Hospital RoomThe Facts of the Case

Ms. Ballard went to the defendant’s cosmetic clinic for a procedure that would remove fat from her stomach and deposit it in her buttocks. Prior to her procedure, she consulted with the defendant, who explained that she would be a good candidate for the procedure. However, shortly after the procedure, Ms. Ballard began experiencing “immense pain” in her buttocks. Initially, the defendant doctor did not see any signs of infection, but he provided Ms. Ballard with antibiotics just in case.

A few days later, she awoke in the middle of the night, asked her husband to call 911, and was hospitalized. She was only in the hospital a short time before her respiratory and renal systems began failing. She was placed on life support but died a short time later.

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Different types of personal injury cases have different procedural requirements. For example, medical malpractice cases in most jurisdictions require that the plaintiff provide some affidavit or other expert opinion explaining that the plaintiff’s case has merit in the expert’s opinion. Medical malpractice cases also often have shorter statutes of limitations than other cases brought under a theory of negligence. If a plaintiff fails to comply with these requirements, the case may be thrown out by the court before reaching trial.

ParamedicA recent case in front of a California appellate court shows, however, that not every negligence case involving a medical professional should be subject to the heightened medical malpractice requirements.

Aldana v. Stillwagon:  The Facts

Aldana was involved in a serious accident when she was struck by Stillwagon, who was an on-duty paramedic on his way to the scene of an accident. Aldana then filed a lawsuit against Stillwagon under a theory of negligence, claiming that Stillwater’s negligence in operating his vehicle resulted in her injuries.

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Earlier this month, an appellate court in Idaho issued an opinion in a medical malpractice case that illustrates how strictly courts construe statutes of limitations in medical malpractice cases. In the case, English v. Taylor, the court determined that the plaintiffs’ amended complaint, rather than the motion for leave to amend the original complaint, was what “commenced” the case. Since this filing of the amended complaint was past the allowable time under the statute of limitations, the case was dismissed as untimely.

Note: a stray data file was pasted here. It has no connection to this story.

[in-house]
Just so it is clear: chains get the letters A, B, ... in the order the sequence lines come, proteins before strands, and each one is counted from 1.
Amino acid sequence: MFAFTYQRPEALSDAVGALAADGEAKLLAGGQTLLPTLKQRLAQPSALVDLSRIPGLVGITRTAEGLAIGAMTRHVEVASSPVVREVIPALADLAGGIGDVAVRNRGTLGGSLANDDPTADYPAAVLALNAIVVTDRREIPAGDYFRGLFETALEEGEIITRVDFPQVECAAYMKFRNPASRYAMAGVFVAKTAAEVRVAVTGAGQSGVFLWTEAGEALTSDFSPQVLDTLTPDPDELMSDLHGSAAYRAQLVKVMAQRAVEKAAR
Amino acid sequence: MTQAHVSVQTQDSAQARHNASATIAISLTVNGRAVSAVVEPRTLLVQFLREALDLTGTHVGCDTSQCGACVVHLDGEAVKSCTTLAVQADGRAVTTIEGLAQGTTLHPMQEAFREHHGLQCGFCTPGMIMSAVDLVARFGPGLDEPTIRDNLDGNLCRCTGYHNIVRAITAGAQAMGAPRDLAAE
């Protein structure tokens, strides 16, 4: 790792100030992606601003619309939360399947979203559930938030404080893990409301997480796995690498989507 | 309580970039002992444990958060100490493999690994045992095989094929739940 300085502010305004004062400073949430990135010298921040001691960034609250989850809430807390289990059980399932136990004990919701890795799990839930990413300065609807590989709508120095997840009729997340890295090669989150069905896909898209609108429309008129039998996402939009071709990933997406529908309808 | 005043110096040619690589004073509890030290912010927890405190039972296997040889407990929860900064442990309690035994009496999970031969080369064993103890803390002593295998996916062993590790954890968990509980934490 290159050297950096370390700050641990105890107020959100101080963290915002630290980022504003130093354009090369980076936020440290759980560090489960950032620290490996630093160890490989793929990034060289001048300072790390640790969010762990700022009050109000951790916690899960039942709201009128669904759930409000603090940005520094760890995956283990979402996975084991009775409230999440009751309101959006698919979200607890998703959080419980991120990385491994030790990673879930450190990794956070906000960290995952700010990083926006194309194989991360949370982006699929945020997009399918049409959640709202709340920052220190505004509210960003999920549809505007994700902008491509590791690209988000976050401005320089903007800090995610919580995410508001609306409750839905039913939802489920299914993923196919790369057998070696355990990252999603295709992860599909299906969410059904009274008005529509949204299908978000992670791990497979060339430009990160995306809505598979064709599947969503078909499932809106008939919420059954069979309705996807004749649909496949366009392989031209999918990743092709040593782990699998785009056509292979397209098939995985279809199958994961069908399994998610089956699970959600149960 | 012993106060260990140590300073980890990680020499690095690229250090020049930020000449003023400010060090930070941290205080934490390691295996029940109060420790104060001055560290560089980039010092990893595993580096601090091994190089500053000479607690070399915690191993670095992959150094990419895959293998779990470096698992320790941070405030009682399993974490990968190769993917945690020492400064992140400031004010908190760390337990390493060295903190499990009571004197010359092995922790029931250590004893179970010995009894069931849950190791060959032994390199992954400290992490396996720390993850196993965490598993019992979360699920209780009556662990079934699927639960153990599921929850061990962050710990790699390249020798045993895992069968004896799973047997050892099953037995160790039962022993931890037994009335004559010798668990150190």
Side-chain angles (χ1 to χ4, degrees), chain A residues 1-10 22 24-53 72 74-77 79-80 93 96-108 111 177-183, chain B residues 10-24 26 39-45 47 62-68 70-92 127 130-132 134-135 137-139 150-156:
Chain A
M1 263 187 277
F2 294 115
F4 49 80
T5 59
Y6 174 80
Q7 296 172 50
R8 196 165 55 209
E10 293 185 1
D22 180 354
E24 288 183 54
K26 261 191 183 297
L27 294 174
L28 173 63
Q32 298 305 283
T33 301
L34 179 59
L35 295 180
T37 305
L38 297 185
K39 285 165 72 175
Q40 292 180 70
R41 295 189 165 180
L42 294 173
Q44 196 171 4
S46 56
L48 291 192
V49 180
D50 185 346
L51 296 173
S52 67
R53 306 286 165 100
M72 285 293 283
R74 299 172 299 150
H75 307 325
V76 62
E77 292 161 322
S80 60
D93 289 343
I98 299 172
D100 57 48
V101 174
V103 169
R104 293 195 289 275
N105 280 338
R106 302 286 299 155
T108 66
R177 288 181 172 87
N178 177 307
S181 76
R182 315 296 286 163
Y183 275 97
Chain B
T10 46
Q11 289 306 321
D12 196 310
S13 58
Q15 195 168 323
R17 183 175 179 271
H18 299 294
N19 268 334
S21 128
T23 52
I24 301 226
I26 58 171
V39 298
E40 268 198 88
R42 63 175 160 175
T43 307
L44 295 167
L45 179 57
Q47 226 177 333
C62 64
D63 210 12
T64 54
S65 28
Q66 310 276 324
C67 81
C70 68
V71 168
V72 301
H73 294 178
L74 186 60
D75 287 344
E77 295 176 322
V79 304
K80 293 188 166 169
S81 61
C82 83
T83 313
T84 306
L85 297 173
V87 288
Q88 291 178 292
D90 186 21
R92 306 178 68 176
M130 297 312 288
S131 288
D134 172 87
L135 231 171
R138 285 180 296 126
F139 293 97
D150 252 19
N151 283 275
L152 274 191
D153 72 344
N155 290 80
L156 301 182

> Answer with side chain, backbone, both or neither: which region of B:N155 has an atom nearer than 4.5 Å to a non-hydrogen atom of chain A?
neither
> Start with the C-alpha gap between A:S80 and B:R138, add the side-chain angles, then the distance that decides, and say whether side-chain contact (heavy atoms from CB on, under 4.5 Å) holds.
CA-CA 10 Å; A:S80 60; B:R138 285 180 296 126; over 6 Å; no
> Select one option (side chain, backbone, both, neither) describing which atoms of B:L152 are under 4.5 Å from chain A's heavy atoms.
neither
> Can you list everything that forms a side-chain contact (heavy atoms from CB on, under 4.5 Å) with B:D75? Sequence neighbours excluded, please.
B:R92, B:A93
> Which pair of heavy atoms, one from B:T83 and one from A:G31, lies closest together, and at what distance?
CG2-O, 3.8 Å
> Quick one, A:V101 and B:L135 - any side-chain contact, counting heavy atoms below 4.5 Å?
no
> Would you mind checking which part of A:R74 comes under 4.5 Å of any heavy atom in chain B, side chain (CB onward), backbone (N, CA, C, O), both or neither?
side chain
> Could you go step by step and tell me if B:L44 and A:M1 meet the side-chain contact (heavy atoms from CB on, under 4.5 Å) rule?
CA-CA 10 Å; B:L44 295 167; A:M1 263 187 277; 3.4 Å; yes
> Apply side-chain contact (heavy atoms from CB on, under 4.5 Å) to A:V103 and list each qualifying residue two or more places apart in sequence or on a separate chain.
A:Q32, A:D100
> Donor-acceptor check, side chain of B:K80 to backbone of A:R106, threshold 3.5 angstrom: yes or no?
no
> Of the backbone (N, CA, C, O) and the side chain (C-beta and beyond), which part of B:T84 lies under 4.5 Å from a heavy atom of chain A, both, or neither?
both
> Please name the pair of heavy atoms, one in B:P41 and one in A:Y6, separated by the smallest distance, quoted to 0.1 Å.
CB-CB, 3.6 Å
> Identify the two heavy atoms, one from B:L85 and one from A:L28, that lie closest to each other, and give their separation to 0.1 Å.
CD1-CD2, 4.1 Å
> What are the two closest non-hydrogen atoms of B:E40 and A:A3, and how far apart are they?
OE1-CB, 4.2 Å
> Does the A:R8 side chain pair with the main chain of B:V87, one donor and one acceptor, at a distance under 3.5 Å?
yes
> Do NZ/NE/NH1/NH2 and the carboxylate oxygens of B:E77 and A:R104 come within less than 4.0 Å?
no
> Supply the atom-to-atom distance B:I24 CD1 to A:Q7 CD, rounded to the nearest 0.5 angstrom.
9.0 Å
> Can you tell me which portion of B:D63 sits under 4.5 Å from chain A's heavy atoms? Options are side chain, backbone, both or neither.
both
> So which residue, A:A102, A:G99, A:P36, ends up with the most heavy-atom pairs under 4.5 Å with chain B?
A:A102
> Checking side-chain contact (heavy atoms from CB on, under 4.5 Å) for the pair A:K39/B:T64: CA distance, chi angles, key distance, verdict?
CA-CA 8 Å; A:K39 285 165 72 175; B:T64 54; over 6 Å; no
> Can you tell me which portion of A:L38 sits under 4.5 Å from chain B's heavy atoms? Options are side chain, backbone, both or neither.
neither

CalendarThe Facts of the Case

Mrs. English suffered a stroke while undergoing surgery at the defendant’s facility. A little less than two years after her stroke, the Englishes filed a strict product liability case against the manufacturer of one of the medical devices involved in the surgery. At this time, neither the medical facility nor the doctor was named in the lawsuit.

One day before the two-year statute of limitations was set to expire, the Englishes asked a medical review panel to review the performance of the doctor who conducted the surgery. This effectively paused the time from running under the statute of limitations and added 30 days after the review was complete to the allowable time to file. During those 30 days, the Englishes filed a motion asking the judge to allow them to add the doctor and the medical facility as additional parties. That motion was granted.

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Under a product liability theory, manufacturers can be held liable for dangerous products that they release into the stream of commerce. However, not only can manufacturers be held liable, but also retailers and distributors may be held liable under certain circumstances. When a court considers a product liability case, there are several factors that may come into play, as was evidenced by a recent case in front of the Eighth Circuit Court of Appeals.

LawnmowerParks v. Ariens:  The Facts

Parks was fatally injured when the riding lawnmower he was operating rolled while Parks was negotiating a sloped surface. Parks’ wife then filed a product liability case against the dealer who had sold her husband the lawnmower, arguing that the dealer was negligent in failing to supply the mower with a roll cage and seatbelt.

The defendant answered the claim by explaining that it was not his duty to supply the roll cage and seatbelt. Indeed, the defendant presented evidence that it was his normal practice to ask customers if they want to purchase the roll cage and seatbelt as optional equipment at an additional cost. While there was no documentation that Parks turned down this offer, the dealer explained that it was his normal practice to explain this to his customers, and he could not recall anything different occurring in this case.